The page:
posted Wednesday 23 April 2014 @ 9:02 am PST
Daryl Gregory’s Afterparty (like Joe Haldeman’s recent Work Done for Hire) takes a familiar kind of thriller and sets it in a nearish future (about 20 years ahead) with just enough new-and-improved tech to put a science-fictional edge on its chase-intrigue-mystery elements – for example, very smart phones (here ‘‘pens’’ with virtual screens) and panopticon powers available to both legal and illicit operators. But the central speculative Big Idea here is neurochemical: designer drugs for all occasions, offering do-it-yourself reconfiguration of the psyche on a short-term or (sometimes) permanent basis:
The glories of the DIY smart drug revolution. Any high school student with a chemjet and an internet connection could download recipes and print small-batch drugs. The creative types liked to fuck with the recipes, try them out on their friends. People swallowed paper all the time without knowing what they were chewing. Half the residents of the NAT [neuro-atypical] ward weren’t addicts; they were beta testers.
One such experimental drug, NME 110, street name Numinous, supplies both the book’s McGuffin and the enabling device for a consideration of the nature of the mind. The drug convinces its users that some caring higher power, generally a divinity, is as real as a box of corn flakes or a tire iron: pop a pill and meet your own personal god, or at least a loa or a nifty imaginary friend. The book’s protagonist, Lyda Rose, was part of NME 110’s development team at the start-up Little Sprout and also one of its first victims. Nearly a decade earlier, a massive overdose of it at a buyout-celebration party sent her and her co-workers into a nightmare of convulsions and madness, climaxing in the murder of Lyda’s wife. Since then, each survivor has carried a subjective divinity. Lyda’s is the angelic Dr. Gloria, who acts as a smart-mouthed combination of raisonneur, conscience, and Greek chorus, and flies off in a huff when Lyda does something particularly offensive. Lyda knows, rationally, that Dr. G is a creation of her own chemically altered brain, but maintaining that awareness is a constant struggle, and less-determined Numinous users remain utterly sure of the reality of their particular ‘‘religious’’ experiences and act accordingly.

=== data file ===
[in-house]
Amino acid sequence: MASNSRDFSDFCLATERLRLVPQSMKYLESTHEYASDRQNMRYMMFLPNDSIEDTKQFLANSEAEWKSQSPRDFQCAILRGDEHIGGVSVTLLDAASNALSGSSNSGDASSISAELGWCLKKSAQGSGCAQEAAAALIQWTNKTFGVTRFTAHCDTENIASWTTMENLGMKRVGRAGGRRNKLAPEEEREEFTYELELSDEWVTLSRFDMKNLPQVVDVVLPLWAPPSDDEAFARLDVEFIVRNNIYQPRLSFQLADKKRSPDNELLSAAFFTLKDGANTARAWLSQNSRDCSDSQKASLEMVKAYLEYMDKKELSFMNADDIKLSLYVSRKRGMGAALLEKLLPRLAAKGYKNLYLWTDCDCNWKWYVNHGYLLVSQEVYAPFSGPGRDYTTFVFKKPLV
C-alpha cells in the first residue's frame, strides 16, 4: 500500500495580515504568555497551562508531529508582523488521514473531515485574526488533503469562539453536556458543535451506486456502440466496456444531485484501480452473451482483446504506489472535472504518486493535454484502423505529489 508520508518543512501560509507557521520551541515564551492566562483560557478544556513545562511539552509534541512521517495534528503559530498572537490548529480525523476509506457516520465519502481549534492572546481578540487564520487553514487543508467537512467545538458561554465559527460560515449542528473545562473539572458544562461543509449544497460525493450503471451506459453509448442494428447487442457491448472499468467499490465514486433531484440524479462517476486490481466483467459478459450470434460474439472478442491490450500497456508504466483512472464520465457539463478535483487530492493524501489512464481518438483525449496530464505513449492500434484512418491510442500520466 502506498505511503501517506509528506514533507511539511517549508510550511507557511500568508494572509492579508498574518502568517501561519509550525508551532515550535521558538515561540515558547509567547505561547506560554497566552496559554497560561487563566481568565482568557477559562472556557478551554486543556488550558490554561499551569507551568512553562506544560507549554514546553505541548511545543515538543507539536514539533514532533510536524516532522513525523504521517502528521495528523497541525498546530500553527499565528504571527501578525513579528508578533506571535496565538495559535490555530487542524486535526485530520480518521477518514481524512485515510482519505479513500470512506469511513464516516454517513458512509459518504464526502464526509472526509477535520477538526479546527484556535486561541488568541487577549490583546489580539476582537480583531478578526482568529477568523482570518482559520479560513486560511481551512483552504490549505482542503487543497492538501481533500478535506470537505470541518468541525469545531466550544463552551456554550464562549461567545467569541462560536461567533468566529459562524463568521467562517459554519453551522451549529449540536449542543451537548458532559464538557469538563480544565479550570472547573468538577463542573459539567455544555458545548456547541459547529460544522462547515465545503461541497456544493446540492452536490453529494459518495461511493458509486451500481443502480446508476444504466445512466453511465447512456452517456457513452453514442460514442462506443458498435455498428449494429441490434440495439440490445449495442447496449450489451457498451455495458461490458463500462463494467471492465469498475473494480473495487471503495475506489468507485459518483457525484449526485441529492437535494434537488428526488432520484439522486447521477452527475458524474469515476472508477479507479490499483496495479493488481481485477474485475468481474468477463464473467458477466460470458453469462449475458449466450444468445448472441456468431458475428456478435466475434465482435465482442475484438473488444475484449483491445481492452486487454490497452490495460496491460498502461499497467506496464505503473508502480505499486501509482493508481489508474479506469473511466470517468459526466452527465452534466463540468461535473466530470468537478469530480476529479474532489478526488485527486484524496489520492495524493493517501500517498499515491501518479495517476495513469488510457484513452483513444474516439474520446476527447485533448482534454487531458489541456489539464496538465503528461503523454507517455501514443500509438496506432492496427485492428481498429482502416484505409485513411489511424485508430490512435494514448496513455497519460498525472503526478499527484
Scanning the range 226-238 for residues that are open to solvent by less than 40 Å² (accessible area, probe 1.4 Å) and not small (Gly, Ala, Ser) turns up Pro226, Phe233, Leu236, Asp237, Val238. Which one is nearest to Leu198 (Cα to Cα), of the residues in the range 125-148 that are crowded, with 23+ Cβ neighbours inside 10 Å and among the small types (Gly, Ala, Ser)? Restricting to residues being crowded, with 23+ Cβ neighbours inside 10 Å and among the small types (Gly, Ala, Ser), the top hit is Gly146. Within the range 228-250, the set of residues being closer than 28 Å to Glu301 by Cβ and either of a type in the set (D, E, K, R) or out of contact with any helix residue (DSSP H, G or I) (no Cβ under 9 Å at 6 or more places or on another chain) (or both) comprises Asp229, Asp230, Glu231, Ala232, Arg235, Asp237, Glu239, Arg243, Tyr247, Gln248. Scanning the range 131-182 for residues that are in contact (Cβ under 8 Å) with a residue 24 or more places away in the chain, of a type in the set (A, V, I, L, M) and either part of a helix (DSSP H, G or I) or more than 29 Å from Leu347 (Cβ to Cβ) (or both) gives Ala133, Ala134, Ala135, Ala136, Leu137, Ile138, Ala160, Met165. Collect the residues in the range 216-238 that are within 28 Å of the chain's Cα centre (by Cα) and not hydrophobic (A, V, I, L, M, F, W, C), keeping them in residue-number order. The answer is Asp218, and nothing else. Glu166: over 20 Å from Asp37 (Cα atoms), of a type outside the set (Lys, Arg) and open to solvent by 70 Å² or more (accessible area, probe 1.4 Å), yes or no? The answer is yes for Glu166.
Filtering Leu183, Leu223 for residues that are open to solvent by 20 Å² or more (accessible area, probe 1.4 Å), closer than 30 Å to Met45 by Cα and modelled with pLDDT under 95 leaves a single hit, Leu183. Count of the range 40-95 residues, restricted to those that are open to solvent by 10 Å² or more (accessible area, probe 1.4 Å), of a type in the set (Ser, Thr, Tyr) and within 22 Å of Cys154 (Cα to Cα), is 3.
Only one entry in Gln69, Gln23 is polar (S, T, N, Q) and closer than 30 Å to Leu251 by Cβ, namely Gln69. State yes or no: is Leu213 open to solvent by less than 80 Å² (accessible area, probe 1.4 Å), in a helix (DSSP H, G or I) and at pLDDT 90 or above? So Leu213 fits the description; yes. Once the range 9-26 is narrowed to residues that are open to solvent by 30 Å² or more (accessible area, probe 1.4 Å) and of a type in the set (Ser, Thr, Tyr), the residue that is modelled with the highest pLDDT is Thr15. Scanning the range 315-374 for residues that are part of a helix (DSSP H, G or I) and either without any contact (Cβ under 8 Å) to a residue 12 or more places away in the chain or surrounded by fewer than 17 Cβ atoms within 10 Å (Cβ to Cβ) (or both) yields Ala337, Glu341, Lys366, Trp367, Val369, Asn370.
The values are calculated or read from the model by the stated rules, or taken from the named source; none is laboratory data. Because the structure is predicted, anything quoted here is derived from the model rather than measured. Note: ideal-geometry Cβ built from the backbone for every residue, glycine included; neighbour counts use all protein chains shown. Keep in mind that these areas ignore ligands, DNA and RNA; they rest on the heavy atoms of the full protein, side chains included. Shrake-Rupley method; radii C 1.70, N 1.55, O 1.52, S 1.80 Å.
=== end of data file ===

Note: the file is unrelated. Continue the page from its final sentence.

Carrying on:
That explains why we meet Lyda – now 42, guilt-haunted, addicted in any number of ways, and officially, if artificially, crazy – in the neuro-atypical ward of a Toronto mental hospital. She has been content to remain hunkered down there for eight months, but the suicide of a new inmate shocks her out of her stasis when she recognizes the kid’s symptoms as those of withdrawal from NME 110. So Lyda agrees to a kind of parole from the hospital, monitored by an implanted chip that will track her location and intoxicant-free condition. Her intention, however, is not to live clean and sober, but to find and stop whoever is making and distributing Numinous.
What follows is a chase-thriller, a noir mystery, and an international road-trip adventure, with a cast that is mostly crazy, criminal, or both. Lyda’s crew for the search is conventionally motley: fellow NAT inmate Olivia ‘‘Ollie’’ Skarsten, a tiny, paranoid-obsessive-compulsive ex-Special-Forces op/security spook; ‘‘batshit crazy’’ (but nice-kid) Bobby, who believes his soul dwells in a plastic aquarium treasure chest; nerdy former co-worker turned Big Pharma exec Rovil Gupta, whose Numinous-induced deity is elephant-headed Ganesh. Chasing after Lyda and the source of Numinous are an undetermined number of dangerous players, including the Millies, a matriarchal Afghan-expatriate drug cartel; the forces of law and order and normative sanity; and whoever is giving orders to ‘‘the Vincent,’’ a psycho hit man/inquisitor whose pathological coldness (like the Numinous-heads’ sense of the divine) comes out of a pill bottle. (Otherwise, he’s just timid, agoraphobic Vinnie, breeder of itty-bitty genetically engineered bison.)